Asthma Guidelines – Asthma Action Plan

Asthma requires careful monitoring and management. Your doctor will give you detailed guidelines to prevent and manage attacks. An asthma action plan is the core component of all asthma guidelines. It is the basic tool that gives the roadmap to keep asthma in control.

What is an asthma action plan?

An asthma action plan is a written plan that is prepared together by the doctor and the patient (or the patient’s guardian in the case of children). The causes, symptoms and severity of asthma vary from patient to patient and each patient needs an individual plan. Doctors usually use a standard asthma plan as the starting point and then customize it according to the needs of the patient.

If you have asthma, your action plan will tell you how to monitor your condition and what to do when specific events, for example, worsening of symptoms, occur. It also gives you and your caretaker (if applicable) the guidelines for handling an emergency situation.

You must always carry the action plan with you and share it with your caregiver, a colleague, friend or relative who can be of assistance in an emergency. If your child has asthma, make sure that the plan is shared with the daycare provider and the school representatives in charge of health of the students.

The action plan is a pre-planned and accurate response to changes in your condition. It is a very useful tool because it takes most of the decision making out of the picture if your condition deteriorates. There is no confusion and you or your caregiver can act without hesitation and without wasting time.

Benefits of an asthma action plan

Due to your ability to make a timely intervention, an asthma action plan gives you the following benefits.

1. Prevents your symptoms from getting worse and reduces the need for hospital visits, hospital admissions and call for emergency services.

2. It helps you minimize loss of work or school time.

3. The availability of a step-by-step plan reduces the panic that you or your caregiver could experience if an attack occurs.

4. Reduces unnecessary use or overuse of medicines.

5. Improves your respiratory health and lung function in the long-term.

Important elements of an asthma action plan

An asthma action plan will include the following.

1. The patient’s name, age, home address, work address and other contact information.

2. Name and contact information of the doctor, parents or guardian (in case of children) and the caregiver (if applicable).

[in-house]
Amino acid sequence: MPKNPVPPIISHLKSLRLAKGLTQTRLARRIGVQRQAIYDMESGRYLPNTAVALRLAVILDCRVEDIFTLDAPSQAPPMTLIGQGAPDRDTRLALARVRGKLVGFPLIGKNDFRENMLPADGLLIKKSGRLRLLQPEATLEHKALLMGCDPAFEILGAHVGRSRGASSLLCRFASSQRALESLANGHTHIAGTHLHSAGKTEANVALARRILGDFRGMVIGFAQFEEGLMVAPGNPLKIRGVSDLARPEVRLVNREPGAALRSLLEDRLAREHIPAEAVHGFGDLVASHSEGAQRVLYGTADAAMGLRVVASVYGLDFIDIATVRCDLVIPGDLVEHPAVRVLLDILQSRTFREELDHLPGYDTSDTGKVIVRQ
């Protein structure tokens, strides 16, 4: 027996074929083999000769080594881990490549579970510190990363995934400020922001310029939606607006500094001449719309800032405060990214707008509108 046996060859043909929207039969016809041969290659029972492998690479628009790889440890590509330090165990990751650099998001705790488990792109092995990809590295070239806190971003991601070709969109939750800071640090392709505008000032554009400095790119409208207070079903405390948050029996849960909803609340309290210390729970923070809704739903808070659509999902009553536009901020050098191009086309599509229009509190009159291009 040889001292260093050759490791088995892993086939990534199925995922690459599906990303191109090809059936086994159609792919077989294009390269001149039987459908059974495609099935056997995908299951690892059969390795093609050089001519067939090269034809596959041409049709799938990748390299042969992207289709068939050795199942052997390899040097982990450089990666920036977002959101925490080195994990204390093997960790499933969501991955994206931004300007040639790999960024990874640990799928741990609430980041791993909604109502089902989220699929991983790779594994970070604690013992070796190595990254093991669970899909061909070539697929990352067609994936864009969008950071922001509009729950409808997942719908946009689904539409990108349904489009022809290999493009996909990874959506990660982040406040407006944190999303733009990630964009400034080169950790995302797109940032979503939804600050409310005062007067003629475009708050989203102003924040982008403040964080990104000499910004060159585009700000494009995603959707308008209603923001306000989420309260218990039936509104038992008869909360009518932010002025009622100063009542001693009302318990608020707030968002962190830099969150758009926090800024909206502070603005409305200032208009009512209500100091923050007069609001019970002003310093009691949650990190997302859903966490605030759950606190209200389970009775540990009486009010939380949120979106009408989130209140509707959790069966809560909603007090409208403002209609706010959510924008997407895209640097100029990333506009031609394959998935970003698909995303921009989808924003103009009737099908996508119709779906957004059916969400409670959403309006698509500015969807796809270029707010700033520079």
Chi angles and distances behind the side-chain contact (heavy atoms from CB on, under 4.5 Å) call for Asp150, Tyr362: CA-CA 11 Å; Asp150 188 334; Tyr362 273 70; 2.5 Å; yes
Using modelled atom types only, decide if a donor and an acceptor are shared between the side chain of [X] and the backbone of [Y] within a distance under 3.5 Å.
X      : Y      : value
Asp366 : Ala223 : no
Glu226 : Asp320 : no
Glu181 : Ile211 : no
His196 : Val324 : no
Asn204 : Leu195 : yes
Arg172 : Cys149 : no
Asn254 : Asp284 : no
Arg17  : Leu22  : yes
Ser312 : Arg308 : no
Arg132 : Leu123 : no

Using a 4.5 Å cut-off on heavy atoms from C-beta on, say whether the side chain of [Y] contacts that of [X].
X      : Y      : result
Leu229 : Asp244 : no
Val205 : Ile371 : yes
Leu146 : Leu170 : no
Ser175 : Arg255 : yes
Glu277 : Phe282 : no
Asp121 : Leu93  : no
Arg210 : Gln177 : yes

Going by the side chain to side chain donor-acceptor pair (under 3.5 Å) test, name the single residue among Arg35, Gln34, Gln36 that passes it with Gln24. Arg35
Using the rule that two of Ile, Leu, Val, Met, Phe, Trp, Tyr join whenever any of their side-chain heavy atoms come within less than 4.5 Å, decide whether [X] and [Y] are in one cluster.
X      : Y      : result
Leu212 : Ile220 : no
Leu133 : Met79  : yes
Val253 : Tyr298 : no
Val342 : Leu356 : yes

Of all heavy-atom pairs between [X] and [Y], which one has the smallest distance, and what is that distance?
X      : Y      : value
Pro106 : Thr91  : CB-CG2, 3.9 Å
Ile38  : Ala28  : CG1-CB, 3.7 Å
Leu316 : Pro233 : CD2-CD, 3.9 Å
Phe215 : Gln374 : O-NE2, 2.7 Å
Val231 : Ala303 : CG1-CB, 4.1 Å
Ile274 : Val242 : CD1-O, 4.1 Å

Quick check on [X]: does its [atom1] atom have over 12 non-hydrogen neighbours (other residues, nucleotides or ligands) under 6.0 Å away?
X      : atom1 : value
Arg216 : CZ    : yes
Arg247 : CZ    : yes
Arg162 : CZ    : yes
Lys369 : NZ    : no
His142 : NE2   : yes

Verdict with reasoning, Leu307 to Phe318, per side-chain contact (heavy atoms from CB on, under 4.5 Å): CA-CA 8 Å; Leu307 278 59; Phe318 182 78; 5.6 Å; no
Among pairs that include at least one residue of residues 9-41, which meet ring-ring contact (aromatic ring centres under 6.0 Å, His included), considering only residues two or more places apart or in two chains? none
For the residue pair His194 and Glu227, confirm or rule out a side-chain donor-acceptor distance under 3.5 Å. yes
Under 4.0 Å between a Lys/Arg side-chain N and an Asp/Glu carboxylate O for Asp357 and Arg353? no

3. Contact information of the person to be informed in an emergency.

4. A list of known asthma triggers.

5. List of medicines being taken regularly or to be taken as advised by the action plan.

6. The method of monitoring used to assess the condition of the patient.

7. Asthma zones to classify the severity of the condition and guidelines for predicting attacks.

8. Specific action (including medicines) to be taken in response to an attack or changes in the patient’s condition.

9. A list of conditions that indicate need for immediate medical attention.

10. Telephone numbers to obtain emergency medical assistance.

Methods of monitoring

Monitoring the patient’s condition is an essential part of an asthma action plan. There are two methods of monitoring: by measuring the Peak Expiratory Flow (PEF) or by monitoring the symptoms. Both methods are designed to predict asthma flare-ups much before they actually occur and prescribe remedial action to avert attacks. Symptoms, PEF patterns and medicines are unique to each individual.

For adults, PEF measurement is the best way to monitor a patient’s condition because they can predict impending attacks even before the first symptoms appear. Measurements over a period of time can show what the normal baseline is and when the situation is getting worse or better. The best peak flow rate over a period of two to three weeks is considered as the patient’s baseline. The degree of the respiratory problem can be assessed by the amount of deviation from this baseline.